“How do you see yourself living in a community?”
When I was asked this question – the first for one of my interviews for admission to the Novitiate – my mouth was (thankfully) full of ice cream, giving me a few seconds’ grace to come up with an answer.
Two months have flown by here in the novitiate, and as I’ve finally settled into a new rhythm, that question presents itself more and more concretely.
Being the eldest of five brothers, sharing a household is by no means new to me. Still, the context has changed dramatically: my newest brothers are 11 other novices, from four different countries, each bringing a vastly different experience of life. Add to this the different so-called «Apostolates» (work we do assisting parishes or institutions in Genova) we do, and even our daily experiences have become more distinct.
Though we may not all share the same language, culture, work & academic background, Apostolate and interests, we are united by a personal relationship with Christ and a deep desire to answer His call with love. So much so that, seeing life through the eyes of faith, our diversity is most certainly a strength and a gift to be thankful for, seeing in one another a different face of the love of God.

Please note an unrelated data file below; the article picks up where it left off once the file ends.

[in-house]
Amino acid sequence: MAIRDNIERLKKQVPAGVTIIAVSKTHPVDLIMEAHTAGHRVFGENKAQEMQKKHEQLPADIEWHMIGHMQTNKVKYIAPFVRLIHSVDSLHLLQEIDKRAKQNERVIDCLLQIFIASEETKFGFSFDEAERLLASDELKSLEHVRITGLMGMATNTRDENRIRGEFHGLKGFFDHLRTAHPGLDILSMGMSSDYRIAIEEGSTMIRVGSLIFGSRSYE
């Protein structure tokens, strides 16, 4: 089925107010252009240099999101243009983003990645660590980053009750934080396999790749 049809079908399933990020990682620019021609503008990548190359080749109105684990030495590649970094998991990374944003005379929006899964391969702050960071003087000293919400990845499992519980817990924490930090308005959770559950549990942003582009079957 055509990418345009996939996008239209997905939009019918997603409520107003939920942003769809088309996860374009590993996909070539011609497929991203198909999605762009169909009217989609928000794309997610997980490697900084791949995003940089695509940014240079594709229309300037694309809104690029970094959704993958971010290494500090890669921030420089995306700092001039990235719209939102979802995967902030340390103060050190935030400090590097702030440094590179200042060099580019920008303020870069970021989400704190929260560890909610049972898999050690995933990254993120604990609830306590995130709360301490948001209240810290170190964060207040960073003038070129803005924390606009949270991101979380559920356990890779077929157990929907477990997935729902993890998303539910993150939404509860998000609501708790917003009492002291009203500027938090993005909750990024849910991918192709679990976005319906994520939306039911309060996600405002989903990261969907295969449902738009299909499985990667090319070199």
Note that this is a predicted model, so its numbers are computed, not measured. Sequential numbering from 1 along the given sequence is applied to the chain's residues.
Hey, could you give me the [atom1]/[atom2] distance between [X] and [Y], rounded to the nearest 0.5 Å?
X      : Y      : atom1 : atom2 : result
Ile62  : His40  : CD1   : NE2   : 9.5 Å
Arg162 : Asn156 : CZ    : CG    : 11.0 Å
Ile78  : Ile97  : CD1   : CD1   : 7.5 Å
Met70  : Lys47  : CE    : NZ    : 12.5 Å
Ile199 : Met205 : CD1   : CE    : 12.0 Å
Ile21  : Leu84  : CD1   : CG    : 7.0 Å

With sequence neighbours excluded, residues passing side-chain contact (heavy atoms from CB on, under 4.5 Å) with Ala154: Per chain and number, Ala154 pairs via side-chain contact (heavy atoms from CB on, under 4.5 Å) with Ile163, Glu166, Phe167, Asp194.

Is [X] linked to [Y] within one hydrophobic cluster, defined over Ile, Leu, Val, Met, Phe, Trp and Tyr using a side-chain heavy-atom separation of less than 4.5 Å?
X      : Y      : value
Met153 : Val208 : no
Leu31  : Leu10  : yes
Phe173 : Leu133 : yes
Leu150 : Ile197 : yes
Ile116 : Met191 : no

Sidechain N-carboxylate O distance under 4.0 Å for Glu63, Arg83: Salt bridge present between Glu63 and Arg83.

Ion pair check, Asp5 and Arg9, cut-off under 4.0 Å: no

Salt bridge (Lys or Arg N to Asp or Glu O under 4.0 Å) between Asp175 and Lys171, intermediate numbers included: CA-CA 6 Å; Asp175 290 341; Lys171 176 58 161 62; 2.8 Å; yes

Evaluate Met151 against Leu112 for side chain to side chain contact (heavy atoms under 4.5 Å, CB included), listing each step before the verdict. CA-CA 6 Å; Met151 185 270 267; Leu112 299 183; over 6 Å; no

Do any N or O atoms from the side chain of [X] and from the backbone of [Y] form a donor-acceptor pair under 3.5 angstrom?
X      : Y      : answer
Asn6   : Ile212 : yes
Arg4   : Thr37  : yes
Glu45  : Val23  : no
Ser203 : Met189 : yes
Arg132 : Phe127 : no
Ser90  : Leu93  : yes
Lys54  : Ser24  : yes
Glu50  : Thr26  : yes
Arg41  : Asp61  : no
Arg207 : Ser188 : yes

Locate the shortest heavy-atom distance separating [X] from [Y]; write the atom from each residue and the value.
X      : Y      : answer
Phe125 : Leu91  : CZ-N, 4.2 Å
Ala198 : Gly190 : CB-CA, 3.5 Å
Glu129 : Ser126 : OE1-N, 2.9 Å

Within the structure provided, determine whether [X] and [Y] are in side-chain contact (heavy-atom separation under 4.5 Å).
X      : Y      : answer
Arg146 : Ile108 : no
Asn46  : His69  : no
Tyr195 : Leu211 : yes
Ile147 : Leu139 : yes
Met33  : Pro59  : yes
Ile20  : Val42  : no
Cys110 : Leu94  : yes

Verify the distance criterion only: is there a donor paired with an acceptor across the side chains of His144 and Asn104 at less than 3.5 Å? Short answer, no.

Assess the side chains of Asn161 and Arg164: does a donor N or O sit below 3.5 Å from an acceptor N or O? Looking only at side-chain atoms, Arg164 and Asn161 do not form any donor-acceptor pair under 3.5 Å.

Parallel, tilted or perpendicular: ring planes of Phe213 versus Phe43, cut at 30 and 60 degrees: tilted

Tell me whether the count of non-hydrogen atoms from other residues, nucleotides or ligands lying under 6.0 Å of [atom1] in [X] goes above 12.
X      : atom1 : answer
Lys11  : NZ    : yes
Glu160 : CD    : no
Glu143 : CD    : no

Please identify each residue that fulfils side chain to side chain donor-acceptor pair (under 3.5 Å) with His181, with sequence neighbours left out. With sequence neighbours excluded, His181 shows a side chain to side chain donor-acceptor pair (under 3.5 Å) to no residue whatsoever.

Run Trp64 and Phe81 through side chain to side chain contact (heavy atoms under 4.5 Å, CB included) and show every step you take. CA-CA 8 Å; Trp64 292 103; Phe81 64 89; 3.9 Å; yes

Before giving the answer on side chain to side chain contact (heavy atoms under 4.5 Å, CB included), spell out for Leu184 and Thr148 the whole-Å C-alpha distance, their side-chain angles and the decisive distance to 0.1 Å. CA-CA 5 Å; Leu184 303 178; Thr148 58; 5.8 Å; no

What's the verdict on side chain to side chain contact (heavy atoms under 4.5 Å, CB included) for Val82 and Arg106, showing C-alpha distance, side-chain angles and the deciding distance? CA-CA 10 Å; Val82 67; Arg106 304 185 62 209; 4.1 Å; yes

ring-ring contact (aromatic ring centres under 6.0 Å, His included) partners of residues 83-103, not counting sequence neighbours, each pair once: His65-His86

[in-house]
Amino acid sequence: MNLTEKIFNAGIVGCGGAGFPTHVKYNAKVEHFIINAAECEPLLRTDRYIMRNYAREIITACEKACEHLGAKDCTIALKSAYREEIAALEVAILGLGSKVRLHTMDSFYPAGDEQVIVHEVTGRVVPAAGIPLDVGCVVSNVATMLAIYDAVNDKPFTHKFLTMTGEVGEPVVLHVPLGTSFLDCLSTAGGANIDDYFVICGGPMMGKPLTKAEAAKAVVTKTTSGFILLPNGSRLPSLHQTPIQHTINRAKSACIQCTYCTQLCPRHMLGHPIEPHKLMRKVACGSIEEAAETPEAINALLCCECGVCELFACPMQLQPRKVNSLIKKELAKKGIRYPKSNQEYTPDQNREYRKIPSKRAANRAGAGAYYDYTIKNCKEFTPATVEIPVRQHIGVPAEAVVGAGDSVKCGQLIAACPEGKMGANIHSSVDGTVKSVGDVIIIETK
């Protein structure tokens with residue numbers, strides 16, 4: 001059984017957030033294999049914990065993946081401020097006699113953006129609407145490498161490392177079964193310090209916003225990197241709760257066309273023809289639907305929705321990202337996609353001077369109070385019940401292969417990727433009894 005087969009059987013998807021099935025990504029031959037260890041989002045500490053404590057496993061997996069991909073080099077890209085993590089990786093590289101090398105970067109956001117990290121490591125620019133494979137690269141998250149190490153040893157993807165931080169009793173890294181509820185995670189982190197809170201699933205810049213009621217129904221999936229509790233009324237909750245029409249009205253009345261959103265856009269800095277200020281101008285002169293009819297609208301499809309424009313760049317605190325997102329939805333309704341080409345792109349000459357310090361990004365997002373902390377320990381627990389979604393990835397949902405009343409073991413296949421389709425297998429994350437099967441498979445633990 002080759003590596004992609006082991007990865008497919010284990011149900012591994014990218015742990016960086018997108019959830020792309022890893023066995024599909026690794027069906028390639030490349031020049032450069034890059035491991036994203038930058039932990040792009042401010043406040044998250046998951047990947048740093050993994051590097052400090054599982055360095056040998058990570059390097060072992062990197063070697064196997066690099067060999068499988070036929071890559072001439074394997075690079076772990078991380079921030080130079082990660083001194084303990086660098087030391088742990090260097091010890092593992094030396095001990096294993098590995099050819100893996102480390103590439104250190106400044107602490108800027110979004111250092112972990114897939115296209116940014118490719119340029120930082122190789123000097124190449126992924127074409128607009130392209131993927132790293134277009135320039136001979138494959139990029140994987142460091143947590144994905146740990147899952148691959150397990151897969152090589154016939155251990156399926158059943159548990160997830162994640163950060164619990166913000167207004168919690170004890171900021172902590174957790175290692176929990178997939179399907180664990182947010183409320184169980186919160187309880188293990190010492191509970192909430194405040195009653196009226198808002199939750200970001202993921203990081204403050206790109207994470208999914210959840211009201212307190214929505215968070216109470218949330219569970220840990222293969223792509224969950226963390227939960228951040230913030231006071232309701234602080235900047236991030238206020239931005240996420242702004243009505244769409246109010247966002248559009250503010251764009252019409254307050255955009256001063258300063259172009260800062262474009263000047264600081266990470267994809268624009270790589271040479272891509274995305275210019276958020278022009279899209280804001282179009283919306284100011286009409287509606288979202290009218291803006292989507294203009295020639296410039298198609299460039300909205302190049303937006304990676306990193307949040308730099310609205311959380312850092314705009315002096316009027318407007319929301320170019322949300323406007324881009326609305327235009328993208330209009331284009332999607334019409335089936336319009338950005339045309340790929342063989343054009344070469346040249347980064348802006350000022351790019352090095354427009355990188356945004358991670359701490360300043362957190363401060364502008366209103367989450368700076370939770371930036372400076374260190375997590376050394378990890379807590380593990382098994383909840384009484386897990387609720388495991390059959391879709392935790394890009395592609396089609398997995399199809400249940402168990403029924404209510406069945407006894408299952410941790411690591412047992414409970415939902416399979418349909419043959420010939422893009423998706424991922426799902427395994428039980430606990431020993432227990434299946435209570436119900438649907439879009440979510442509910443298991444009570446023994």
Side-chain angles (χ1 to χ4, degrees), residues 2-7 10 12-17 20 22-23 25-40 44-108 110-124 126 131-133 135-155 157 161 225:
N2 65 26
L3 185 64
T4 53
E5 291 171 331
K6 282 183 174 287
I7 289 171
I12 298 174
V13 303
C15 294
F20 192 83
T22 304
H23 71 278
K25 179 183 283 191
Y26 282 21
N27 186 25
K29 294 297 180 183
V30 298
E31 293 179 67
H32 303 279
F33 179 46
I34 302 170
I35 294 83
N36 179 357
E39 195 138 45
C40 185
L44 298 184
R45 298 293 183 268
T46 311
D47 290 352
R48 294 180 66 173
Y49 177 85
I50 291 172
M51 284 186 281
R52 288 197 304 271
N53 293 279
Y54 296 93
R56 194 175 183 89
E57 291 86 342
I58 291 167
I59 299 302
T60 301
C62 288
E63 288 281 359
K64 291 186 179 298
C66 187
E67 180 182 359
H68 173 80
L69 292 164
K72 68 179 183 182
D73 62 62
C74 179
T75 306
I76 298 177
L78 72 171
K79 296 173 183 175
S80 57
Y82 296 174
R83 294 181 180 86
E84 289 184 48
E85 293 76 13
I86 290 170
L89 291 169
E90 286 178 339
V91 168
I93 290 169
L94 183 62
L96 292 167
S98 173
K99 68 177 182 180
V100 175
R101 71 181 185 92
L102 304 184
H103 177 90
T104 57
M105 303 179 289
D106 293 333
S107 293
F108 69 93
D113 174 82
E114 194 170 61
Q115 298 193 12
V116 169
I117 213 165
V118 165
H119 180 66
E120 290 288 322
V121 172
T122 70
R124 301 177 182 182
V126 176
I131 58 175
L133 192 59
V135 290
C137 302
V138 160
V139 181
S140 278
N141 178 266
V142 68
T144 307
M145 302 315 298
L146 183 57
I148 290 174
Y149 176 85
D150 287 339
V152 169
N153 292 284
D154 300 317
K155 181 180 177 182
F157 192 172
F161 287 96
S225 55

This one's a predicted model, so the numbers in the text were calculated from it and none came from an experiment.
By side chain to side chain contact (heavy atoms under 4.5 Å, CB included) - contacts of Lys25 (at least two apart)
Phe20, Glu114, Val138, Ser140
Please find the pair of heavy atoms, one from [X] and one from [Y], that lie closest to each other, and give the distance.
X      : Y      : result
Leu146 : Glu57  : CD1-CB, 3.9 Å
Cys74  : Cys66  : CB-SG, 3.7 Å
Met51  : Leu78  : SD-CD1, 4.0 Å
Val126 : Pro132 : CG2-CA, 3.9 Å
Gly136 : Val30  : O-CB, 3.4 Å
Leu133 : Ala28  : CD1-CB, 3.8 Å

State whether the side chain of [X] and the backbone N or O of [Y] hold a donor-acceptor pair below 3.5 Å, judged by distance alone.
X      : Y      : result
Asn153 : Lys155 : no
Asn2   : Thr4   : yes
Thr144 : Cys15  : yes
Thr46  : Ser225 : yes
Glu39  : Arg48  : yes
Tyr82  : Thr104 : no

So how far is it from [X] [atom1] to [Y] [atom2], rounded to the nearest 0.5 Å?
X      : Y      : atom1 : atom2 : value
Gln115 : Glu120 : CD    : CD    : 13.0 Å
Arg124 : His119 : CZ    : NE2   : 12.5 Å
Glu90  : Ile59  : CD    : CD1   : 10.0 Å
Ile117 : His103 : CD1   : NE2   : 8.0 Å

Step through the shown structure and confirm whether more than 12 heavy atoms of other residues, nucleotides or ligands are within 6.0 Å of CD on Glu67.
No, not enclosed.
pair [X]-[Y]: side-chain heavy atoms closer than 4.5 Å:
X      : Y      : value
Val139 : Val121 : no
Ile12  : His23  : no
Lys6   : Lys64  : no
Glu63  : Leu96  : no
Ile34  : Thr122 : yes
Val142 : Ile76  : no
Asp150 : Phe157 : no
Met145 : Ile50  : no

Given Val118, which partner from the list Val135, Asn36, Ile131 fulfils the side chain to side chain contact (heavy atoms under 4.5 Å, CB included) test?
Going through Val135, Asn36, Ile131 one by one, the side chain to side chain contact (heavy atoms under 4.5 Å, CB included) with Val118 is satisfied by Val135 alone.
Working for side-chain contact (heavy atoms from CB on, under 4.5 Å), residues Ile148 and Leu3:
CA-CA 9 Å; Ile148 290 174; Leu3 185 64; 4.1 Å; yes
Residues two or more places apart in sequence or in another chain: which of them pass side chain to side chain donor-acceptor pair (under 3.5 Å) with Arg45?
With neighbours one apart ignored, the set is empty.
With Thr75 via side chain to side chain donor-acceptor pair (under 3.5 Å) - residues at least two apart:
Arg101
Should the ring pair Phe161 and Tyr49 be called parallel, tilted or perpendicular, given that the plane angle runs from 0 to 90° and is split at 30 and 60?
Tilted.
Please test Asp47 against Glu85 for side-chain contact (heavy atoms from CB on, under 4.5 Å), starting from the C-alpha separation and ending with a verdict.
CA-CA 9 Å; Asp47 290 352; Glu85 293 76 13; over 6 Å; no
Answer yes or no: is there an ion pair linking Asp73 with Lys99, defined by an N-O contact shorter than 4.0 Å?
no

What to do with a gift like this? Use it! And in fact, our routine gives great importance to this sharing of ideas, opinions, experiences, interior movements, joys, concerns, strengths and weaknesses: whether it be through open discussions during mealtimes, daily evening recreation all together, Thursday outings hiking in the mountains/by the sea/visiting Genova, or discussing our weekly Movie Night or monthly CineForum.
But perhaps the highest expression of this daily diversity is through prayer. For us, prayer is a time to recognise and nurture the desires God has placed in our heart, to listen to Christ’s personal call, to deepen an intimate relationship with Jesus. But it is not a time of isolation: nothing we have and experience is ours alone, and this is true also of the graces received in our daily hour of silent morning prayer. For this reason we share graces, insights, reflections and consolations received during this encounter with God with the whole community during Mass as we present our intercessions.
Vespers, the prayer of the whole Church, is also preceded by a time of silent personal prayer, so that when we raise our hearts to God in unison, our common prayer stands on a deeply personal and individual experience of the Word of God.
Community life isn’t simply about ‘friendliness’, of which there is plenty, but sharing a life which is centered on Christ. And this is what it means «to be friends in the Lord», just like the first companions of the Society of Jesus.